Carrie Anne Jones ’20 researches the gene related to addictive habits and behavior in mice at Veteran Affairs Hospital in Portland, OR

Hi! My name is Carrie Anne Jones and I’m in the class of 2020, so this year I will be a senior at Whitman! I am a Psychology major, and this summer I’ve been working in a neuropsychology lab at the Veteran Affairs Hospital in Portland, Oregon. The lab I work in is specifically focused on research surrounding drug addiction, which is something very important to me after growing up in Portland and seeing the direct effects of illegal drug use. Though I cannot share full details about my research, the lab I am working in is known for the discovery of a gene directly related to addictive habits and behavior in mice, and many of our studies involve running experiments on mice with and without this gene. This summer, I have been working on two different experiments. The first of these focused on self-administration of methamphetamine in these mice, meaning we observed how much meth they chose to ingest when left with a supply of drug over the course of time. The second experiment I’ve been working on involves directly injecting the animals with meth and bodily responses in addition to levels of various neurotransmitters in their brains.

I have worked in many different labs around Portland in the past, and have learned a lot about animal research in the last few years. Though the practice initially seemed inhumane to me, my time spent working in animal research has shown me how important these studies are, as well as how well the animals are treated in the facility during research. Working with these mice has been a very rewarding experience for me, as it has helped me learn more about the process involved in research (specifically animal research) and has helped me open my mind to the benefits and the drawbacks of animal research.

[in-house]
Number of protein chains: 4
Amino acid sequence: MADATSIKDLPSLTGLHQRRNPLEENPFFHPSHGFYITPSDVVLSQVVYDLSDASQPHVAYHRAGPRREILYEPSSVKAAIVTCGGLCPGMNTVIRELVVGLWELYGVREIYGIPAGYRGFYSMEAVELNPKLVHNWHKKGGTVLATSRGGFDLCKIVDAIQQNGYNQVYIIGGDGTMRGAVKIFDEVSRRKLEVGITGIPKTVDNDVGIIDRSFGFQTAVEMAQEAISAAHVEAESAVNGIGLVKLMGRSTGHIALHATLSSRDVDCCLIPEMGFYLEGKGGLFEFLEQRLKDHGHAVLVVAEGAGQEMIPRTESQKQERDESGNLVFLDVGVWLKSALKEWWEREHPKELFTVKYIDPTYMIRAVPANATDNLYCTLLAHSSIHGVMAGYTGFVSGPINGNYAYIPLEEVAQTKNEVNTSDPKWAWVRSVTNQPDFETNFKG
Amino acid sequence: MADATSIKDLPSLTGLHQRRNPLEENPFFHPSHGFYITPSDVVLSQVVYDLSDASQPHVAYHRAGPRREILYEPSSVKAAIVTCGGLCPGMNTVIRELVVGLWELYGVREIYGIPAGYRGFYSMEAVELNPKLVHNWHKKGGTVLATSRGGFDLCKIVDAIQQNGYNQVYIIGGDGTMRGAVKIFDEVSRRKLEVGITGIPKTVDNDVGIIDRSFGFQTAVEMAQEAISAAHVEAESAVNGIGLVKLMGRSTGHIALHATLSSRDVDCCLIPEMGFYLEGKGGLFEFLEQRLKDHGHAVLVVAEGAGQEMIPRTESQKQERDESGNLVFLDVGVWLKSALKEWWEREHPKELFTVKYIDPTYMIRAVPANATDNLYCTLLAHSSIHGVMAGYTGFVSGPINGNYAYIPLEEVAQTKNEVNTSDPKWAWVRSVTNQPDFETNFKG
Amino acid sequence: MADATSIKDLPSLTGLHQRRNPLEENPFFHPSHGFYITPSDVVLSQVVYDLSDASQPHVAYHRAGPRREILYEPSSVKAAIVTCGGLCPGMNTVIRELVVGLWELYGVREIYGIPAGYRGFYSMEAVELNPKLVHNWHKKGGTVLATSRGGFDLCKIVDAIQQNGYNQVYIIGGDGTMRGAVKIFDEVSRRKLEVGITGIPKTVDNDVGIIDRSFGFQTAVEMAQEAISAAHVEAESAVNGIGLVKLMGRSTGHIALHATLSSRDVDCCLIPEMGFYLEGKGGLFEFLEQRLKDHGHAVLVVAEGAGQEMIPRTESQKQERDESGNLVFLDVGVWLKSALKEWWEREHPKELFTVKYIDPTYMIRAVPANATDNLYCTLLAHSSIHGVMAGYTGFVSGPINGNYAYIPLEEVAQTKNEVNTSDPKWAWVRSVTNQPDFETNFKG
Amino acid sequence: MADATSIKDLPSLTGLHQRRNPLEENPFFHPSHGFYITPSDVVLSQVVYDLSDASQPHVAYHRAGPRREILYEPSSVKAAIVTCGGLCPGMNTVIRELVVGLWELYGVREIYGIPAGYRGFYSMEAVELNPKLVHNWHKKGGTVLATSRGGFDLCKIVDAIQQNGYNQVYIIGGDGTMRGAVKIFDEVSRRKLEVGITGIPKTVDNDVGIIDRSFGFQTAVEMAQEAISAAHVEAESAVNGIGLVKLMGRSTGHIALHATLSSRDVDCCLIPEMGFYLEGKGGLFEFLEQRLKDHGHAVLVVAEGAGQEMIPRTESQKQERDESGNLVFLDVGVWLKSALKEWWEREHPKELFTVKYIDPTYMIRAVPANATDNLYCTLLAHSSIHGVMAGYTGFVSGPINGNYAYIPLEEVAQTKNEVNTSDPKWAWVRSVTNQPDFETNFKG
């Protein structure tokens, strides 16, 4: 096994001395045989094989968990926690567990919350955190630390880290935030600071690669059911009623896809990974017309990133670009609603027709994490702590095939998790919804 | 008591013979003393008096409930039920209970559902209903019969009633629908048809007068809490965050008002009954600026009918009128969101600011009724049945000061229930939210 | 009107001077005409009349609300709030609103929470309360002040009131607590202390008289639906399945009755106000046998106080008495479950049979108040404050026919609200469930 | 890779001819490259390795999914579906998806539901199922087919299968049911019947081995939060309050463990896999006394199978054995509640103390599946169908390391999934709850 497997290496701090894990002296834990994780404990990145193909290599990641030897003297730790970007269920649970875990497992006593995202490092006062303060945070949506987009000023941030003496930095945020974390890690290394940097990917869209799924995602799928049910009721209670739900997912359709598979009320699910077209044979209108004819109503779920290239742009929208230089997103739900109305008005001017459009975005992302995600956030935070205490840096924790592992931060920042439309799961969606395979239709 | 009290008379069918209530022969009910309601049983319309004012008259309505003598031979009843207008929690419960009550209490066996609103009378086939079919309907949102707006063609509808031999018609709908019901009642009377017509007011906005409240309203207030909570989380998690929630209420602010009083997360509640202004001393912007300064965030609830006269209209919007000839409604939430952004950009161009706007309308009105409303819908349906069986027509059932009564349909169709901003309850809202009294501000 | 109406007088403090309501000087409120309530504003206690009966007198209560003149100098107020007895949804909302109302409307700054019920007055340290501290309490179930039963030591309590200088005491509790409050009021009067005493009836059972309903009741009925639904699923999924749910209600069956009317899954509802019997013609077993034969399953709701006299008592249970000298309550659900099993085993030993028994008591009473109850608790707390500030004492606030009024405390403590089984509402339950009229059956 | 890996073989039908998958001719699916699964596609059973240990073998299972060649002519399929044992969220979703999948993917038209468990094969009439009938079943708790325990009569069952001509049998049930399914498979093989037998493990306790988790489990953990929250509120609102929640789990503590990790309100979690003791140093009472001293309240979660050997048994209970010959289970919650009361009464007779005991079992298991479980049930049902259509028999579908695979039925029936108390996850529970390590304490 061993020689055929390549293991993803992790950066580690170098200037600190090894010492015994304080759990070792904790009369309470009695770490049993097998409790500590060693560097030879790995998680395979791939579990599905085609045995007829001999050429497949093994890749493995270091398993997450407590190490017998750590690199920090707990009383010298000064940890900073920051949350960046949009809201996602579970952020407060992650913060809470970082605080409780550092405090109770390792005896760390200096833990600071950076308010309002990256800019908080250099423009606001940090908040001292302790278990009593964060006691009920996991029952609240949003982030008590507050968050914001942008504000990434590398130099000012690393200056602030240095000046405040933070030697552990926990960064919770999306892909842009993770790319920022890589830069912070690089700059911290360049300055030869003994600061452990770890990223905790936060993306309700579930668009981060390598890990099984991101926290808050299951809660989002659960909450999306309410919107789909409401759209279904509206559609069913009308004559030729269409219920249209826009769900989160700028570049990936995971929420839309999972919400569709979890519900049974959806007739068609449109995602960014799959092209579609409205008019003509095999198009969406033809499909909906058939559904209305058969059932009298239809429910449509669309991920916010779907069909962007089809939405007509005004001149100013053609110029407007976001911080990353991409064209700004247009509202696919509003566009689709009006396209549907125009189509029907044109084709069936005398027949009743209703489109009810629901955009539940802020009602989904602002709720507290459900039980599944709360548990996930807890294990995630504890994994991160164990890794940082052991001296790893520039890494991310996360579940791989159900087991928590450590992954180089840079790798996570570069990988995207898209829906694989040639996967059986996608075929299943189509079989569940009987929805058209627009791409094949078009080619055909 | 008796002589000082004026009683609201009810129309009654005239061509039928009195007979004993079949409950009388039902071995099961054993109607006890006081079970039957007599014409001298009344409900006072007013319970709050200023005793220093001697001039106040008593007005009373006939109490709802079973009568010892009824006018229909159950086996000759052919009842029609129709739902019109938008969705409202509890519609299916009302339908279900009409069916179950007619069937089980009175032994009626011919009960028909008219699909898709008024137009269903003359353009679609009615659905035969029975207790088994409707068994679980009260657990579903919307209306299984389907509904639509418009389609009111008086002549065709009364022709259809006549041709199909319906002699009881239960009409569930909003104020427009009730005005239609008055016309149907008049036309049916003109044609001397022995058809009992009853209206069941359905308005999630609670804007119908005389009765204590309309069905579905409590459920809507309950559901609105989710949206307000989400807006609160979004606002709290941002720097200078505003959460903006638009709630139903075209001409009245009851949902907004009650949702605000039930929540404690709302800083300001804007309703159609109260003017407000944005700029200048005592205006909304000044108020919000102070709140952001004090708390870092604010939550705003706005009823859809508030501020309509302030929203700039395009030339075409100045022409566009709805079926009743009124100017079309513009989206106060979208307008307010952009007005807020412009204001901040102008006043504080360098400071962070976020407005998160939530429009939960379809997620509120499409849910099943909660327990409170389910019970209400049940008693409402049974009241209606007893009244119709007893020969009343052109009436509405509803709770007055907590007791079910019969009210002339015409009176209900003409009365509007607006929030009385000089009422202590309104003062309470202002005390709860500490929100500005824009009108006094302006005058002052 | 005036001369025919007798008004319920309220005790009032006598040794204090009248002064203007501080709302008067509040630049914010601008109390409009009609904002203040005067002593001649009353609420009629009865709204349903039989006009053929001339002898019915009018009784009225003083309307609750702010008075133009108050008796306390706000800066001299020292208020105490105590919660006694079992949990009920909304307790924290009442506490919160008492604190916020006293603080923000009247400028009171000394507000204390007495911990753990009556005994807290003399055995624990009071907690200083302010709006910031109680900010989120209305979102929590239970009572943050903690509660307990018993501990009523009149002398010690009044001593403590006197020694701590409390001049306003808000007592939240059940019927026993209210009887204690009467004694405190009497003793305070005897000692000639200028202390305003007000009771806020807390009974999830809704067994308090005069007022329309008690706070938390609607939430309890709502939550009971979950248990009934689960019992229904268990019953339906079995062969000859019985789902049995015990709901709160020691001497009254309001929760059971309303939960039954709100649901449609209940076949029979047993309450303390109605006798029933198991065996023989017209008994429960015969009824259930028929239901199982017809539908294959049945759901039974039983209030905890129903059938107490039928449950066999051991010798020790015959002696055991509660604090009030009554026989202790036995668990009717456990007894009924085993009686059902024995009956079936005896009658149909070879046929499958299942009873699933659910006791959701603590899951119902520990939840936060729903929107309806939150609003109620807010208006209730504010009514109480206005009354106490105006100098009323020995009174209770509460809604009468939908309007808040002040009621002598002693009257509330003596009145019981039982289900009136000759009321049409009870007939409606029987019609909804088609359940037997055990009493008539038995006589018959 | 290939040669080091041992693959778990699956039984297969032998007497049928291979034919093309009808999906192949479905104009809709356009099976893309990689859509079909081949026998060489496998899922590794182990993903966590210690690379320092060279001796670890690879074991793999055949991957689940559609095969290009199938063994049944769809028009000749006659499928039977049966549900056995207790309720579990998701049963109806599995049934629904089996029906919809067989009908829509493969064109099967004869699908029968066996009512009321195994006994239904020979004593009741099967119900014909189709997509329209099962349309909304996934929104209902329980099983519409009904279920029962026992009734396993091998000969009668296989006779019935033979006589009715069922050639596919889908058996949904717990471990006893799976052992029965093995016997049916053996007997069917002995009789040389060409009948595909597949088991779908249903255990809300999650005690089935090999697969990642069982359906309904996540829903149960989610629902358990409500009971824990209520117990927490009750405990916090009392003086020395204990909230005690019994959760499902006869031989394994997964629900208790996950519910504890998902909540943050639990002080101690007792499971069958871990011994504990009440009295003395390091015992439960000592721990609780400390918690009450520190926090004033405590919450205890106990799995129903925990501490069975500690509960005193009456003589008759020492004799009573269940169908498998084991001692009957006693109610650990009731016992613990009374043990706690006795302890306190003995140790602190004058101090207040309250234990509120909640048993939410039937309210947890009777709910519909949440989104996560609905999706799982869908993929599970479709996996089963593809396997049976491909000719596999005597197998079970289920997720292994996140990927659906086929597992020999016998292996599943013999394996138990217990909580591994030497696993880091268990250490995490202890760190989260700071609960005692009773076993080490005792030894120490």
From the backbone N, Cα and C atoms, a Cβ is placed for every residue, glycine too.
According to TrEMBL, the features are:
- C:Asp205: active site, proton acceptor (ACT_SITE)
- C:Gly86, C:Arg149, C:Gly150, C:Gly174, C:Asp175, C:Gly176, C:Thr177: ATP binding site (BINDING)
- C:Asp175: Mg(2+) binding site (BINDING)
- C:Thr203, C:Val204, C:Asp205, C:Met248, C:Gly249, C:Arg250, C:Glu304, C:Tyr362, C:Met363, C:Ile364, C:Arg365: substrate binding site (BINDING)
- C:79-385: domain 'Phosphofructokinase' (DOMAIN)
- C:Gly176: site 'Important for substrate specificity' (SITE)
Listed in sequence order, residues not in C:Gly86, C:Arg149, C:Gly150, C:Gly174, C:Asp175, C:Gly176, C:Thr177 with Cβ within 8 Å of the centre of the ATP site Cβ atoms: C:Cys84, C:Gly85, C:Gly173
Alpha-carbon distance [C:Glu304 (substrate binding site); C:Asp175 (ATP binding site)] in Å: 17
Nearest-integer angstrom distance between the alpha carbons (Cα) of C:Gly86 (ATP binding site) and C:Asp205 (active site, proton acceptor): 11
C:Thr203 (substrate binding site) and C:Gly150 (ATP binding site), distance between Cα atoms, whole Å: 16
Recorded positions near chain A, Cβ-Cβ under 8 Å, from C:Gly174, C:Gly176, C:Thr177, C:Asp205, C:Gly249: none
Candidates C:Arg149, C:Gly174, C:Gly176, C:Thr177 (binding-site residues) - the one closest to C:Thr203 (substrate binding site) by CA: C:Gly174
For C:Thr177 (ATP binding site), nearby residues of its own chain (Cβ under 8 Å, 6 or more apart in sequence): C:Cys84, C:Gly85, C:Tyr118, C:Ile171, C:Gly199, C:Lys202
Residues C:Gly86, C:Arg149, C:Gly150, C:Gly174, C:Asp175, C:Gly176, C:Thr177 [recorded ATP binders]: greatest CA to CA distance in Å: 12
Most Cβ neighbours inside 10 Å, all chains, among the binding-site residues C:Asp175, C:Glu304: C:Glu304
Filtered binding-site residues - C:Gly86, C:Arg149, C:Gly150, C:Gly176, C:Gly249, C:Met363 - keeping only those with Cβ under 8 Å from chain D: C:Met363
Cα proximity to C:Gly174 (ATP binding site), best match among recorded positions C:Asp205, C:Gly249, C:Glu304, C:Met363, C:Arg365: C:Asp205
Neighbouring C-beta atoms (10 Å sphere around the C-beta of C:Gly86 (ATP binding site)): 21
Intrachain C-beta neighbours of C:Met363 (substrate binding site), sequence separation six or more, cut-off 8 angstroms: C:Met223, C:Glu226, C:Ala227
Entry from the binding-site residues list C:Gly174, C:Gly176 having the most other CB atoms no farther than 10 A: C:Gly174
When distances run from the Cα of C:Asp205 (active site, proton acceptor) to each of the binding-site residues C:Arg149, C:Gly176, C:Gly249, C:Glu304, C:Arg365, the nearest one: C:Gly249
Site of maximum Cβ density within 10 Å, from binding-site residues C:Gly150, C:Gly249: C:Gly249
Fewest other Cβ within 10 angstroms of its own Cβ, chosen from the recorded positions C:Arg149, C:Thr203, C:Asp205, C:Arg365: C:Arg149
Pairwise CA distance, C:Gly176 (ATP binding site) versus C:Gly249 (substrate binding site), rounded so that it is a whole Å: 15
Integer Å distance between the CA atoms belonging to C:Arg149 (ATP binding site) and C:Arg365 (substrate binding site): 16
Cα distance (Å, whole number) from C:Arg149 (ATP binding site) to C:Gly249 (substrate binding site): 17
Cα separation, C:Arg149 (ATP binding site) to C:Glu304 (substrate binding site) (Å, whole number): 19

Prior to this last year, I had declared a Biology major at Whitman. During my junior year, I realized that Psychology was my true interest, and switched departments. I didn’t think that lab work would interest me much, and I was pretty focused on clinical psychology, but decided to work in a lab again this summer due to the connections I’ve made in the OHSU/Portland VA community in past years. Though I wasn’t really considering lab work as a potential career path, I thought this internship would be a great learning opportunity regardless, and would make a nice bridge between my past biology research and my future psychology research. Now that I am halfway through my internship, I can say I am now considering research as a possible career path. Not only is it very interesting and fun to work in, but hearing about all the new information and results that has come out of past studies and knowing that this work is helping other people has been very rewarding.

Experiences like Carrie Anne Jones’s are made possible by the Whitman Internship Grant, which provides funding for students to participate in unpaid internships at both for-profit and non-profit organizations. To learn how you could secure a Whitman Internship Grant or host a Whitman intern at your organization, click here or contact Assistant Director for Internship Programs Mitzy Rodriguez


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